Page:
From the Preface to Books, buildings and social engineering:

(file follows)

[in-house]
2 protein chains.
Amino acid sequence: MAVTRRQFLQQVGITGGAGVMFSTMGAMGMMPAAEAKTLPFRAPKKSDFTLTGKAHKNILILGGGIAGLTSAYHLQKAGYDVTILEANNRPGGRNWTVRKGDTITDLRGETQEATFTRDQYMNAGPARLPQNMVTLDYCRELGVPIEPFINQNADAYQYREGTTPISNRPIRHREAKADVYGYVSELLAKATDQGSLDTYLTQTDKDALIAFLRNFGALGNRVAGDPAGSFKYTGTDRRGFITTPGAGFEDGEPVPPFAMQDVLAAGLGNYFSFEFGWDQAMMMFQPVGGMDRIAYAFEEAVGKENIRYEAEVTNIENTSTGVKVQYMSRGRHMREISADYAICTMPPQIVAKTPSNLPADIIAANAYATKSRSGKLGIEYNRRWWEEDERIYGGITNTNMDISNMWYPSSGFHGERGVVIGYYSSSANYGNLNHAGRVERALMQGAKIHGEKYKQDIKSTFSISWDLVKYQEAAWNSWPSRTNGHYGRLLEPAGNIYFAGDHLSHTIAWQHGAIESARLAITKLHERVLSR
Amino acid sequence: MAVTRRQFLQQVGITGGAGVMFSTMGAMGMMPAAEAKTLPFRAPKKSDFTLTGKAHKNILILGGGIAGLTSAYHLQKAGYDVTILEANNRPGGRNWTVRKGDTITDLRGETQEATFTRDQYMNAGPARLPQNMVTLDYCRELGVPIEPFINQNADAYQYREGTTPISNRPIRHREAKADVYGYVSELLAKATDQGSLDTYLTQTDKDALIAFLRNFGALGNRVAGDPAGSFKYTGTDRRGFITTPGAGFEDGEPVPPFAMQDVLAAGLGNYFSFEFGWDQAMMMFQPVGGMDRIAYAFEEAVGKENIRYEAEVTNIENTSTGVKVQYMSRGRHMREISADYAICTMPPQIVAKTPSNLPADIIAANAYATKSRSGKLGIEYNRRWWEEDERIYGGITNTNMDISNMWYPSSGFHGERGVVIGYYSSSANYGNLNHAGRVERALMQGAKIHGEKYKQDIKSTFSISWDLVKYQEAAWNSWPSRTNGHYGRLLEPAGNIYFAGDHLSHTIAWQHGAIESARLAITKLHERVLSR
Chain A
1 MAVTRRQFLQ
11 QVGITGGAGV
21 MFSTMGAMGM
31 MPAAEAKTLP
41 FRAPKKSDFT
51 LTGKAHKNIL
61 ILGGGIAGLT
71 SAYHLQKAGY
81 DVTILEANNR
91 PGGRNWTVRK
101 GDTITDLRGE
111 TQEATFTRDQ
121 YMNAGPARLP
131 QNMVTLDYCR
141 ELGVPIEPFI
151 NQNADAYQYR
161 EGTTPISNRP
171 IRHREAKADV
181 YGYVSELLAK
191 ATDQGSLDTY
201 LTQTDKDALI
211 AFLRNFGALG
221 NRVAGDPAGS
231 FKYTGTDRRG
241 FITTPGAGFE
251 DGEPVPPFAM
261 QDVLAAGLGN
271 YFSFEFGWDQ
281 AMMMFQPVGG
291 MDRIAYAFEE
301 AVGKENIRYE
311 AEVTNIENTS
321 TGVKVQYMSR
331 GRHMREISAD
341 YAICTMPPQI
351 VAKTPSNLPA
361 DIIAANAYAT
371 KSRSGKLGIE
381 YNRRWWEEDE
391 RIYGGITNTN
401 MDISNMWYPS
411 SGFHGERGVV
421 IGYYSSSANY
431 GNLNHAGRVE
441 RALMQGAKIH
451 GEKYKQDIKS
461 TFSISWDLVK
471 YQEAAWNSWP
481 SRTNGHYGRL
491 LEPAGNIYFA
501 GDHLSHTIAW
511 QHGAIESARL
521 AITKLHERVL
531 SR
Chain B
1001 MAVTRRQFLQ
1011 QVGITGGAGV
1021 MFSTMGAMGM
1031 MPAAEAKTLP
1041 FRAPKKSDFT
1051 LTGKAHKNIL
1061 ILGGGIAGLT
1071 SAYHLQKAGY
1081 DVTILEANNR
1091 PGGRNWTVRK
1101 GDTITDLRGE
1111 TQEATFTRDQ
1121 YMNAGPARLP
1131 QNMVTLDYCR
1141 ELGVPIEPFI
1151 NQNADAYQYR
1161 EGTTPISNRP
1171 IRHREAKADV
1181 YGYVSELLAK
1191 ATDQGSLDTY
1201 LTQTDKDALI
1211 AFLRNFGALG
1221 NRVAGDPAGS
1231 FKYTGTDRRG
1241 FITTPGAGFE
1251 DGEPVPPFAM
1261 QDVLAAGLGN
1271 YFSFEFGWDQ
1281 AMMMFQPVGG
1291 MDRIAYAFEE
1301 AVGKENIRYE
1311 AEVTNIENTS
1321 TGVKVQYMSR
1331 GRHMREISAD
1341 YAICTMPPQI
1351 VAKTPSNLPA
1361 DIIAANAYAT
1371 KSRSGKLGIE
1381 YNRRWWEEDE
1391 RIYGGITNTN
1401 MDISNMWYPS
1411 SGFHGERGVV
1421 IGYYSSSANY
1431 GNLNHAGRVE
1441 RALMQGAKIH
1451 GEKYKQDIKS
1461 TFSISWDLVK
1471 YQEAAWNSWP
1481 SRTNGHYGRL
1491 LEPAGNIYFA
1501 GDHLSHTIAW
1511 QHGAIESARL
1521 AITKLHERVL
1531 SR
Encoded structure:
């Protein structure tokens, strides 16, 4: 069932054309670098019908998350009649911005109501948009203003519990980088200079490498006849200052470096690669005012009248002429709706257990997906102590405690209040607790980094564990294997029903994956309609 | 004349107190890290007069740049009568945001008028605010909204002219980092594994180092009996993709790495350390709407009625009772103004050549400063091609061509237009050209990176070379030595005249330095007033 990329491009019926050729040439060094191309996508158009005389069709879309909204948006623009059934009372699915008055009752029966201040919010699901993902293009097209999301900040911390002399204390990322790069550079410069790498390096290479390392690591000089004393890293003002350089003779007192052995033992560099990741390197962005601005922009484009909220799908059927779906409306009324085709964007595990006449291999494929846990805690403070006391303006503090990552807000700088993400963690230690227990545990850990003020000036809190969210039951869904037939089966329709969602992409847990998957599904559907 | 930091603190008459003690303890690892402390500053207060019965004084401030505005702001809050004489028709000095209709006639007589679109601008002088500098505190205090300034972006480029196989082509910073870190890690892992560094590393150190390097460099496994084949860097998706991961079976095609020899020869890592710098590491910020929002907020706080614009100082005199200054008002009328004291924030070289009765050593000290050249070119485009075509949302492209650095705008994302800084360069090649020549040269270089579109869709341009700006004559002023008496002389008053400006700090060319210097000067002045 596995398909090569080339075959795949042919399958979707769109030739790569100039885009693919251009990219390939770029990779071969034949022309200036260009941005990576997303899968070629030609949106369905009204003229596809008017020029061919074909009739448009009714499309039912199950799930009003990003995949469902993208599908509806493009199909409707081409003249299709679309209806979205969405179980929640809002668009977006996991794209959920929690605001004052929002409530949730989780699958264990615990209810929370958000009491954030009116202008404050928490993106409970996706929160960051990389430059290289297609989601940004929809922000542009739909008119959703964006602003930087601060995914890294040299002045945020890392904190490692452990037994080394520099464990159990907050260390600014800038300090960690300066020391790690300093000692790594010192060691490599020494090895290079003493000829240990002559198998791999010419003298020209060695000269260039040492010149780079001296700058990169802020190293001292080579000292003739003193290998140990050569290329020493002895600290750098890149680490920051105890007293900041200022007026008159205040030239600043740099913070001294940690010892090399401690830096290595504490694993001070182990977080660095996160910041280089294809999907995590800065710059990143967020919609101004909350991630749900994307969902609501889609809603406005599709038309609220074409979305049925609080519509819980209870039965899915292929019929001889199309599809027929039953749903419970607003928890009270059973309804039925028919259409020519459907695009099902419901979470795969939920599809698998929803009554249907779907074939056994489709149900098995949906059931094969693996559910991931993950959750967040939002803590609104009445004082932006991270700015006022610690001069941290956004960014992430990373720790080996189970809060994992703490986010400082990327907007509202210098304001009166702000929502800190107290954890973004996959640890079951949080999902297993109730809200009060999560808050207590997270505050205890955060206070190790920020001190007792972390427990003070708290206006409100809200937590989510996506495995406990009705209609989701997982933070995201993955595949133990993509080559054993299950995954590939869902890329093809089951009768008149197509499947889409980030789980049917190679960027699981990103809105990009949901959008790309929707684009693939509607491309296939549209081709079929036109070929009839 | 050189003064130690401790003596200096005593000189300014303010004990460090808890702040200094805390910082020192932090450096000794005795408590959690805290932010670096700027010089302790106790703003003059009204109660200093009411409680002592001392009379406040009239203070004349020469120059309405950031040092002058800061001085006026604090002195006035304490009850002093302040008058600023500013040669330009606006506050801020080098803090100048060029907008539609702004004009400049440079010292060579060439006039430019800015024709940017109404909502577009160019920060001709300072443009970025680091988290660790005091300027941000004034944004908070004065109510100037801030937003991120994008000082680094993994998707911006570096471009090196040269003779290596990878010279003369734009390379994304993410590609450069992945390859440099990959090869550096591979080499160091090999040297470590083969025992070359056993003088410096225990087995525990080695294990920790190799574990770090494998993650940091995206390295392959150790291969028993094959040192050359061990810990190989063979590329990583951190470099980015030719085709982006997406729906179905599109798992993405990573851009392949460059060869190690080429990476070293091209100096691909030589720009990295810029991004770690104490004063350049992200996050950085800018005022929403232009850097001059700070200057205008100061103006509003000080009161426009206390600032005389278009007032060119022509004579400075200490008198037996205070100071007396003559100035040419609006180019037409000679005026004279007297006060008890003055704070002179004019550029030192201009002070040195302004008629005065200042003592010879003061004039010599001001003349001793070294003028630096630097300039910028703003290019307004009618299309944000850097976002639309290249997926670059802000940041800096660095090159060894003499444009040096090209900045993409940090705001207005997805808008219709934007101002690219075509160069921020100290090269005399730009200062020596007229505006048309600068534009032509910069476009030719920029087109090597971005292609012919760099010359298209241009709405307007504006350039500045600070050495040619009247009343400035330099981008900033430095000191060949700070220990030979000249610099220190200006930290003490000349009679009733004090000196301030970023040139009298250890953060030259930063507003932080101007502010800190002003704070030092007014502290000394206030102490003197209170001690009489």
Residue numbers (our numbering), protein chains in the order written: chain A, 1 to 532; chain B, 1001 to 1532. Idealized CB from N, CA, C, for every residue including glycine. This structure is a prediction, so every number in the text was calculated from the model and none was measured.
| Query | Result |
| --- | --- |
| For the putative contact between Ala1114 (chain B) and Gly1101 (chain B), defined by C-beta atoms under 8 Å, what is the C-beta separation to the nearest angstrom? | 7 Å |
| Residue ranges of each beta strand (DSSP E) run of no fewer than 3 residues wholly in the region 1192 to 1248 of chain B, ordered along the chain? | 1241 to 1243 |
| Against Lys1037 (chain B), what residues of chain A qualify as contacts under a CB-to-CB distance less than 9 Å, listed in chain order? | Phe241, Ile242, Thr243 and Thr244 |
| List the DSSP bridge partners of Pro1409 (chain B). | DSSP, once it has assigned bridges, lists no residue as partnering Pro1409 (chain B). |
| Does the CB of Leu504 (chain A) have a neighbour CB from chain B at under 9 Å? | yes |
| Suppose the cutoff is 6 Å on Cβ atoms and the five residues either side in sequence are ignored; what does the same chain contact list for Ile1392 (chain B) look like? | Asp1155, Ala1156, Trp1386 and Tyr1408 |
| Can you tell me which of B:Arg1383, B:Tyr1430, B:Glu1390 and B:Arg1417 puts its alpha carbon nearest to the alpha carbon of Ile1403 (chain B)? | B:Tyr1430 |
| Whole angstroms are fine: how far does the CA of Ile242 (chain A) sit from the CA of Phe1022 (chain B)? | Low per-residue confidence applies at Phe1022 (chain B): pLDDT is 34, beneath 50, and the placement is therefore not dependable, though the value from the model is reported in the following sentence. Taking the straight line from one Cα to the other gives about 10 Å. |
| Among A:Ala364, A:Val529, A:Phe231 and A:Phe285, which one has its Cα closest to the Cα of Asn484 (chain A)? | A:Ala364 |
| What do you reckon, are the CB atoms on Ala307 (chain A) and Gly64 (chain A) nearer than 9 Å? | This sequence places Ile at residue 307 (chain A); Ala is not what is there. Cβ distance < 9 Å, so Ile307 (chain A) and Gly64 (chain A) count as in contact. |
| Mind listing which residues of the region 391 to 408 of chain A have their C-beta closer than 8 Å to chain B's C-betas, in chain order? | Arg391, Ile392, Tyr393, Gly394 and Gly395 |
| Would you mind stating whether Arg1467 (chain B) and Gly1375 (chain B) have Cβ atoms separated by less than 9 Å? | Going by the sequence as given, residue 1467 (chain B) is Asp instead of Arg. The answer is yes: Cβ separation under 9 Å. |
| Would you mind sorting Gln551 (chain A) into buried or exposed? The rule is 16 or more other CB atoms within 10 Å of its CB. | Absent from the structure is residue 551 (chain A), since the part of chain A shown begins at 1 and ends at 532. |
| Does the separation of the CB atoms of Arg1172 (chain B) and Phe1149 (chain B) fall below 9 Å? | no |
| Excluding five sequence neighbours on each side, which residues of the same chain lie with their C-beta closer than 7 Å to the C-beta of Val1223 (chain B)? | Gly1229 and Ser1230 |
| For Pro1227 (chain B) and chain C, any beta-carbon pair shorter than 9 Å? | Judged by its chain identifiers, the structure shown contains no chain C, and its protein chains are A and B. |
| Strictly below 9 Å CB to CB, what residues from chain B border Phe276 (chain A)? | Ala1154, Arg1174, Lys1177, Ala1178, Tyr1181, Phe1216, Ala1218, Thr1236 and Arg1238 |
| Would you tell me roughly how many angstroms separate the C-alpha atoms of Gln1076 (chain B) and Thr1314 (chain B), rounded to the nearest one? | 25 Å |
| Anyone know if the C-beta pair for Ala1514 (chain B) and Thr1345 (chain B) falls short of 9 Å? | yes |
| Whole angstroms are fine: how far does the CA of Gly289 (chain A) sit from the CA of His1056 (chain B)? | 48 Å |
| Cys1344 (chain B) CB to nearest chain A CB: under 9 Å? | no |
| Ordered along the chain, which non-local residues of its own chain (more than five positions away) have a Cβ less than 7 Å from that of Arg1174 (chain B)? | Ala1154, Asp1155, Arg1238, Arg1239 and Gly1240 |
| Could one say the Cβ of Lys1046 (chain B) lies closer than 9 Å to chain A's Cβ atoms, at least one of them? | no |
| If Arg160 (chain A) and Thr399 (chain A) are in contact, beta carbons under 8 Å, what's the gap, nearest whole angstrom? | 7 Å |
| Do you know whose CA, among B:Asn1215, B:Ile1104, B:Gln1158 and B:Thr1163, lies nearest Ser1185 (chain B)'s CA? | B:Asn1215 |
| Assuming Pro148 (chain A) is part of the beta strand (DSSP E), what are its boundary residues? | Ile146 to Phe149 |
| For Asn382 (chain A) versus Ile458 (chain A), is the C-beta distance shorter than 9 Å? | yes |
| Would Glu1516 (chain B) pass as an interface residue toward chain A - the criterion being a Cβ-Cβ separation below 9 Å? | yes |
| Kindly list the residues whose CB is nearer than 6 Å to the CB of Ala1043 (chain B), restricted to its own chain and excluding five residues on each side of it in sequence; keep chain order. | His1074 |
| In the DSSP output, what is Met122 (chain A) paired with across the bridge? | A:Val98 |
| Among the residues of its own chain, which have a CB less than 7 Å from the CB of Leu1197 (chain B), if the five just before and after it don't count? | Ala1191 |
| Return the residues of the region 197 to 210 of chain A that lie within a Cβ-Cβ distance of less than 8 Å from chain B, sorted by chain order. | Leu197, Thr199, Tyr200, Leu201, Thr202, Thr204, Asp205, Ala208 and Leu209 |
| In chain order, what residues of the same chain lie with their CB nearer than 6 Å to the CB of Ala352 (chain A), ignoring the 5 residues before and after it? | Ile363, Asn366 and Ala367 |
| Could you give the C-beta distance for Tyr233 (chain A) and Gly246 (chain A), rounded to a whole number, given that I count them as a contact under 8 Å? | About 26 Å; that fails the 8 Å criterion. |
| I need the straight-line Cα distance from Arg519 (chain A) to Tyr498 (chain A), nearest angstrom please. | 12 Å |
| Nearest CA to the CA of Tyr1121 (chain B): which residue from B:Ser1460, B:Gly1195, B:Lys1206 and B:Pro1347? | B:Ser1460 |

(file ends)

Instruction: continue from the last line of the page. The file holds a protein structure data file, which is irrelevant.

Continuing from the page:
We seek to rescue the historic public library building from a perspective that in the past has all too easily denigrated it. The mass construction – for that is what it eventually became – of early public library buildings is to be celebrated as a successful exercise in social engineering, an unprecedented effort by a public-sphere movement to persuade citizens, in a consensual way, of the importance of knowledge in an increasingly open and modernising society (we have deliberately used the term ‘social engineering’ as opposed to the narrower and misleading term ‘social control’). More precisely, the provision of what amounted to over one thousand library buildings in the period 1850-1939 was an exercise in what Karl Popper called ‘piecemeal social engineering’ – social engineering that was incremental and continually amended in the light of experience and new knoweldge, a scientific approach to planning social change, in this instance via the free provision of books, information, education and knowledge, that reflected the essence of the public library as an institution of progress and scientific inquiry. [Black, A., Pepper, S., & Bagshaw, K. (2009). Books, buildings and social engineering: Early public libraries in Britain from past to present. Farnham, England: Ashgate Pub.]
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